Person-centred care and job satisfaction of caregivers in nursing homes: a systematic review of the impact of different forms of person-centred care on various dimensions of job satisfaction

Int J Geriatr Psychiatry. 2012 Mar;27(3):219-29. doi: 10.1002/gps.2719. Epub 2011 May 1.


Objective: The positive effects of person-centred care on older clients have been demonstrated. However, relatively little is known about the effect that giving person-centred care has on caregivers. This literature review examines the job satisfaction of caregivers who deliver person-centred care in nursing homes.

Design: The research questions are: Do the various forms of person-centred care affect job satisfaction differently? Which particular dimensions of job satisfaction have been evaluated in studies on person-centred care, and does their sensitivity to person-centred care differ? Using the search engines Pubmed, Cinahl, Psychinfo and Embase up to August 2010, 46 efficacy studies were found, seven of which satisfied our criteria.

Results: Emotion-oriented care, snoezelen, and small-scale care most often show positive effects on job satisfaction. Person-centred care has been shown to have positive effects on general job satisfaction, job demands at psychogeriatric wards, emotional exhaustion and personal accomplishment.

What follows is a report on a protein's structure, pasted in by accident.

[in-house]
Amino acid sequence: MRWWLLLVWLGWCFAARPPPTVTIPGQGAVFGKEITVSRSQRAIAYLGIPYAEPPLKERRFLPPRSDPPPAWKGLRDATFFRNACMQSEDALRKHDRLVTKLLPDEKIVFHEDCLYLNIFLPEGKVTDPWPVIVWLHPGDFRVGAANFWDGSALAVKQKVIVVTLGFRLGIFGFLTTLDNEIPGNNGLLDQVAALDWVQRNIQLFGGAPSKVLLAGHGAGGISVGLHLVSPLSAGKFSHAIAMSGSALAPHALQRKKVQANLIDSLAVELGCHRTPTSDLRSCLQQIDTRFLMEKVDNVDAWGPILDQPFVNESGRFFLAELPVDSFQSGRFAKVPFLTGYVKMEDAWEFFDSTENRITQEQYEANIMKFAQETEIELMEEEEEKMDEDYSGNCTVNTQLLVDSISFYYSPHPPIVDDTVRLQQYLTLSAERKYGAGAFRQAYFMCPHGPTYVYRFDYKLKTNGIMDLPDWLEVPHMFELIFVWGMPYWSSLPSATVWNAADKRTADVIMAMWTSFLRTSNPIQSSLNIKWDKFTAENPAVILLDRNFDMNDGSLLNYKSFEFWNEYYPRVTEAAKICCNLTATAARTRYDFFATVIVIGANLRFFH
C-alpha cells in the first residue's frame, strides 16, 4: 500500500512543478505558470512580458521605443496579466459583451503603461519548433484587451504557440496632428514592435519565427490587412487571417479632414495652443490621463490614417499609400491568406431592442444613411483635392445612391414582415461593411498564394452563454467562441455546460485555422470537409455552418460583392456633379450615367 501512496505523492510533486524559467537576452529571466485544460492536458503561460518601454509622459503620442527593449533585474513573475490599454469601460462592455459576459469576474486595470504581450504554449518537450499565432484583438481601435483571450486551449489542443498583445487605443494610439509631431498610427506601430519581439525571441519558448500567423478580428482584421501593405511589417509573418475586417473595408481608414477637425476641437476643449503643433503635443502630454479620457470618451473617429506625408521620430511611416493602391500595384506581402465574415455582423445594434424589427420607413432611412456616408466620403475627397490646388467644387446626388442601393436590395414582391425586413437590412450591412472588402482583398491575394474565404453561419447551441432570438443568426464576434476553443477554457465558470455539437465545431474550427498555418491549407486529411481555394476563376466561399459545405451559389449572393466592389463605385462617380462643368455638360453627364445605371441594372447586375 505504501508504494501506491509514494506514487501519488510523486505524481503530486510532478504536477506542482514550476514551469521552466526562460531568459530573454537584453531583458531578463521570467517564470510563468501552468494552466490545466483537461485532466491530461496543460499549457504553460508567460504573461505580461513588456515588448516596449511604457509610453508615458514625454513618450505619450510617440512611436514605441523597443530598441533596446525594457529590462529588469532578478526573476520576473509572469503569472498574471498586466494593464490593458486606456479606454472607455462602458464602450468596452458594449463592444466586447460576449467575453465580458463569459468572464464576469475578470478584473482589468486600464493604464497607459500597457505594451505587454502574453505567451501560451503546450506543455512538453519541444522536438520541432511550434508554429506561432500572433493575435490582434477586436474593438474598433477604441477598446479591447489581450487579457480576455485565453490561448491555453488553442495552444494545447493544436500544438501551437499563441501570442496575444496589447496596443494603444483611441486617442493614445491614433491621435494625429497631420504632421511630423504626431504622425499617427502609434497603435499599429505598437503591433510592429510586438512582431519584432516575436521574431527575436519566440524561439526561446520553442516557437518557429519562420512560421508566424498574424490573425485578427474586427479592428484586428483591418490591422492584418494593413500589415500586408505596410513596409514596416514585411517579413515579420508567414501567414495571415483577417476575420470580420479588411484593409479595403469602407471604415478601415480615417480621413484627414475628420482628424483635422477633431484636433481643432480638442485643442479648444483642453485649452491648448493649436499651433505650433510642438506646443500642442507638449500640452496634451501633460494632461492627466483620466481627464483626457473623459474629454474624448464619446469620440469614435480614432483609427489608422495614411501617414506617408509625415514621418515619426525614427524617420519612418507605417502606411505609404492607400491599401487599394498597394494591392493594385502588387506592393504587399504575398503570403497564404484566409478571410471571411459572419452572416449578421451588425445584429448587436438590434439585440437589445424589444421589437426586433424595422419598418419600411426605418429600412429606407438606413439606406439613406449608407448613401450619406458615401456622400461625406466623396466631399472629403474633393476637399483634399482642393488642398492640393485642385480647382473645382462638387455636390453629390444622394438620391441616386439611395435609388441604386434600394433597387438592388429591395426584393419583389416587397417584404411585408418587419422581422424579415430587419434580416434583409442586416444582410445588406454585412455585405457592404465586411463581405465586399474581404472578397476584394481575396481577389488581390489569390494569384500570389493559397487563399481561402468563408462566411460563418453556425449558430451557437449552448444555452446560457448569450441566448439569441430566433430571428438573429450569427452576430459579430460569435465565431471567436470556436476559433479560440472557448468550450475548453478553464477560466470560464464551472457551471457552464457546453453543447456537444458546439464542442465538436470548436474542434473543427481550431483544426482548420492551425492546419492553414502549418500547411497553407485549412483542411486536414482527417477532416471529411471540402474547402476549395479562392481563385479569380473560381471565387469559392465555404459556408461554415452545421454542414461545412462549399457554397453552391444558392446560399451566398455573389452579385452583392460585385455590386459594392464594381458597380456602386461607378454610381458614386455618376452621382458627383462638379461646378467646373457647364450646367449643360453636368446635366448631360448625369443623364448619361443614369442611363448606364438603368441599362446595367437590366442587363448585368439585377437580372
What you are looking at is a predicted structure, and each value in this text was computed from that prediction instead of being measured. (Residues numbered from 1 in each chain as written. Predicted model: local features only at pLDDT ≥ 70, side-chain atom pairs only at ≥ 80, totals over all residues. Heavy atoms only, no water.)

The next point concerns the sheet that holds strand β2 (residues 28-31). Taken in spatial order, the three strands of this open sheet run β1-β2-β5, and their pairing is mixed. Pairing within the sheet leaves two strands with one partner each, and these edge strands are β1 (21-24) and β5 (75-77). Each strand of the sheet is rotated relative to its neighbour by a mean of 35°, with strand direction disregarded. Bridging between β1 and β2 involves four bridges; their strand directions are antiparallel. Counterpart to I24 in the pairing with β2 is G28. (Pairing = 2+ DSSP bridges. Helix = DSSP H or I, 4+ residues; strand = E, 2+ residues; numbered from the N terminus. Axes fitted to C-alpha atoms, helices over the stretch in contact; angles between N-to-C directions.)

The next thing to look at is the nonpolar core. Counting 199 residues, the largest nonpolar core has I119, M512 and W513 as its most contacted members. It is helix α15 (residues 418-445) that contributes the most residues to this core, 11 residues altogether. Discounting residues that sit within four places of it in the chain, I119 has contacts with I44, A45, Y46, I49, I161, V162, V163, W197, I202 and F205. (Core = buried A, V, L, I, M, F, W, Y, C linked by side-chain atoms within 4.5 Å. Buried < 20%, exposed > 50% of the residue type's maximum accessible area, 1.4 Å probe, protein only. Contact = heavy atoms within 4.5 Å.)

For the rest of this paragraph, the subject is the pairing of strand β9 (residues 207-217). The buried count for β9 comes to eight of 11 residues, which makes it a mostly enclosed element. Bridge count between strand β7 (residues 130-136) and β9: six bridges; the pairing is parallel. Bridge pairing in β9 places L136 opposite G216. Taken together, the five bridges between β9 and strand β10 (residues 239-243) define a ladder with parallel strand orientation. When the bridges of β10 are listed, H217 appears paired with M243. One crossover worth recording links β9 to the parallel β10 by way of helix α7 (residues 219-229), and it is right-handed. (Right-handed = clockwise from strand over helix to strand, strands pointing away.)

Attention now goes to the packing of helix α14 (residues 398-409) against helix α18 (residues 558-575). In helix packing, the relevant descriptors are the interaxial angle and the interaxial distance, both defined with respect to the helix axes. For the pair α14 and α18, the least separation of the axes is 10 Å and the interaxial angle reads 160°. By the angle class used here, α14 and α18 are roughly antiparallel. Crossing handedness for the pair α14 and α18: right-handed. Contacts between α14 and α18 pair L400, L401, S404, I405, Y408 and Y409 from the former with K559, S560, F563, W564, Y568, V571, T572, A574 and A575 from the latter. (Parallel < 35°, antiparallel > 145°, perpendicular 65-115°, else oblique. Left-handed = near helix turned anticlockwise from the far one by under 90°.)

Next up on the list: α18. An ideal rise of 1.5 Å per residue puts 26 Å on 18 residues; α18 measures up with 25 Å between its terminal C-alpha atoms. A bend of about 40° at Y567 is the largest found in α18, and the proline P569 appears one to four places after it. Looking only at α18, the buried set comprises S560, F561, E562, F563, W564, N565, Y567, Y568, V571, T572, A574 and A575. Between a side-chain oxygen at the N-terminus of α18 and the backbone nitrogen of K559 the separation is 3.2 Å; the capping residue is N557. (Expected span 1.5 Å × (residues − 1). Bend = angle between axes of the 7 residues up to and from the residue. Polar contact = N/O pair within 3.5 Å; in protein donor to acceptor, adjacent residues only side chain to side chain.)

Conclusions: Taking into account the fair-to-moderate quality of the studies included, it is concluded that there are limited indications that person-centred care has a positive effect on a number of dimensions of caregivers' job satisfaction. Further study is required to expand and to support these tentative conclusions.

Publication types

  • Review
  • Systematic Review

MeSH terms

  • Humans
  • Job Satisfaction*
  • Nursing Homes*
  • Nursing Staff / psychology*
  • Patient-Centered Care / methods*